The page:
Effect of Cardiac Resynchronization Therapy in Patients Without Left Ventricular Dyssynchrony
Does cardiac resynchronization therapy (CRT) impact survival in patients with left ventricular (LV) dyssynchrony at baseline?
This was a cohort study of 290 patients with New York Heart Association (NYHA) class III/IV heart failure, left ventricular ejection fraction (LVEF) ≤35%, and a QRS duration ≥120 ms without LV dyssynchrony. LV dyssynchrony was measured by tissue Doppler echocardiogram prior to CRT implant, and was defined as the maximum delay between peak systolic velocities of the septal and lateral walls. All patients had maximum delay <60 ms prior to CRT implant. Atrioventricular delay but not interventricular delay was optimized 24 hours after device implant. After 48 hours of CRT, patients were divided into two groups based on sample median LV dyssynchrony measures: induced LV dyssynchrony (≥40 ms) and noninduced dyssynchrony (<40 ms). Survival was assessed based on LV dyssynchrony grouping after CRT implant.
At baseline, the median [interquartile range] baseline LV dyssynchrony measure was 22 ms [16-34], 69% had a left bundle branch block, and 45% had a QRS <150 ms. Of the 290 patients, 50% (n = 145) had induced LV dyssynchrony 48 hours after CRT. Compared with baseline, LV dyssynchrony increased to 40 ms [24-56] at 48 hours and 40 ms [24-67] after 6 months of follow-up (p < 0.001). A CRT response (≥15% decrease in LV end-systolic volume) occurred in 93% of patients without induced dyssynchrony compared with only 51% of those with induced dyssynchrony (p < 0.001). There were 73 deaths (25%) over 34 months of median follow-up. At 1 and 2 years, mortality in the induced dyssynchrony group (10% and 17%, respectively) was higher than in those without induced dyssynchrony (3% and 8%, respectively). Induced LV dyssynchrony after CRT was associated with a significantly (adjusted hazard ratio, 1.25 [1.06-1.47] per 25 ms) higher risk of death on follow-up.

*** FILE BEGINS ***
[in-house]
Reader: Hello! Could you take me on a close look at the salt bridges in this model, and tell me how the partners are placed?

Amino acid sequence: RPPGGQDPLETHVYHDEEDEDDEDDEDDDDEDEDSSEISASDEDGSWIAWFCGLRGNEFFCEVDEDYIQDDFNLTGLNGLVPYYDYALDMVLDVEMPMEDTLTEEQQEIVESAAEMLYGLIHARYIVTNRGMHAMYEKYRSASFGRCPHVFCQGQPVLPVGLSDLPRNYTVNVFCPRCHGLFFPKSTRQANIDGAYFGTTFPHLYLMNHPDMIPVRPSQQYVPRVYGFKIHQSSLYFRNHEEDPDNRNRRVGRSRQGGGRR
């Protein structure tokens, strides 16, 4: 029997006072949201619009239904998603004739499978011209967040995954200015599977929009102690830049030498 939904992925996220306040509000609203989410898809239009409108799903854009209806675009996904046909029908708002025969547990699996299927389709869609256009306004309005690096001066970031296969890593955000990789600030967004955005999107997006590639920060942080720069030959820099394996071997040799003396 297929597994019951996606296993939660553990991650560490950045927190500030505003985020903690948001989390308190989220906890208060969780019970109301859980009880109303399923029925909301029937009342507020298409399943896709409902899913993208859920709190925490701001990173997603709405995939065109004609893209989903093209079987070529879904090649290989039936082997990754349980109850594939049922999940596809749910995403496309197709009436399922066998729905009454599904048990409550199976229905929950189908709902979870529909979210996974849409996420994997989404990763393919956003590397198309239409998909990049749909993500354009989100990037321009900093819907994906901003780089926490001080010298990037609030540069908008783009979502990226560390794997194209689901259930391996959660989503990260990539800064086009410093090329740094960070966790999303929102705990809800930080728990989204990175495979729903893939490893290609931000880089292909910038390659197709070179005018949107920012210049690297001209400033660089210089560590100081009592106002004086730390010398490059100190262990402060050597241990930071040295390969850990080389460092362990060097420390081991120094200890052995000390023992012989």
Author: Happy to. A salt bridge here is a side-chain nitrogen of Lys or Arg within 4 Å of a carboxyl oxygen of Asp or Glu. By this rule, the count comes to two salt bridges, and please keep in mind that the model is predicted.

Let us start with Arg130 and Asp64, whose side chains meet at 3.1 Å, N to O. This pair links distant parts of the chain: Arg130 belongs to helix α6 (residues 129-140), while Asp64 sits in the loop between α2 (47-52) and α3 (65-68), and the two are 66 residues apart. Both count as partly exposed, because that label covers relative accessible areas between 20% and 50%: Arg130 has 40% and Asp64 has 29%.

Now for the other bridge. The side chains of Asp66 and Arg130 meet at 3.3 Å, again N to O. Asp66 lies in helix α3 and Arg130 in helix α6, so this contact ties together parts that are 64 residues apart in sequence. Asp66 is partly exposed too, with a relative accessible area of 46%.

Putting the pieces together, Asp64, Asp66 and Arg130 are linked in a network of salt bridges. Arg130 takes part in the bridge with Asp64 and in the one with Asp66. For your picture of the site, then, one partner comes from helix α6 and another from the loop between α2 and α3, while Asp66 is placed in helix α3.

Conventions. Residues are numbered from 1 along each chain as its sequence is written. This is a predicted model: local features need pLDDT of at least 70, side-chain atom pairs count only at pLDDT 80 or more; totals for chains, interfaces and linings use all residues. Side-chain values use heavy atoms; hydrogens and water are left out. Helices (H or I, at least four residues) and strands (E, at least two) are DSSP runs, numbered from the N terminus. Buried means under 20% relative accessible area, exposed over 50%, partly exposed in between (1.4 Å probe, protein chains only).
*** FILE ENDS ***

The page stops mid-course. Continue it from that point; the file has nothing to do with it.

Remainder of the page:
The authors concluded that induction of LV dyssynchrony may lead to worse outcome in patients with systolic heart failure.
Scientists are slowly starting to unfold the mystery of CRT response in patients with heart failure. Several preimplant correlates of CRT ‘response’ have been identified, including tissue Doppler measures, QRS duration, QRS morphology, and myocardial scar quantification on magnetic resonance imaging. This analysis is novel in that it examined the impact of inducing dyssynchrony in those undergoing CRT without echocardiographic evidence of dyssynchrony preimplant. Overall, mortality for this cohort of patients (all NYHA class III/IV) was not high, and almost half had a QRS <150 ms prior to implant. Mortality was apparently higher in those with induced dyssychrony after CRT implant, and the survival curves showed marked separation after 2 years of follow-up. This study raises several questions including: Is survival worse in patients with induced dyssynchrony compared with those not receiving any CRT? If so, will V-V optimization measures impact induced dyssynchrony and outcome or should CRT be discontinued? Finally, if induced dyssynchrony is truly detrimental, can we predict who will have induced dyssynchrony after CRT implant? For many reasons, I prefer the term ‘biventricular pacing’ rather than CRT.
Keywords: Echocardiography, Doppler, Heart Failure, Cardiac Resynchronization Therapy
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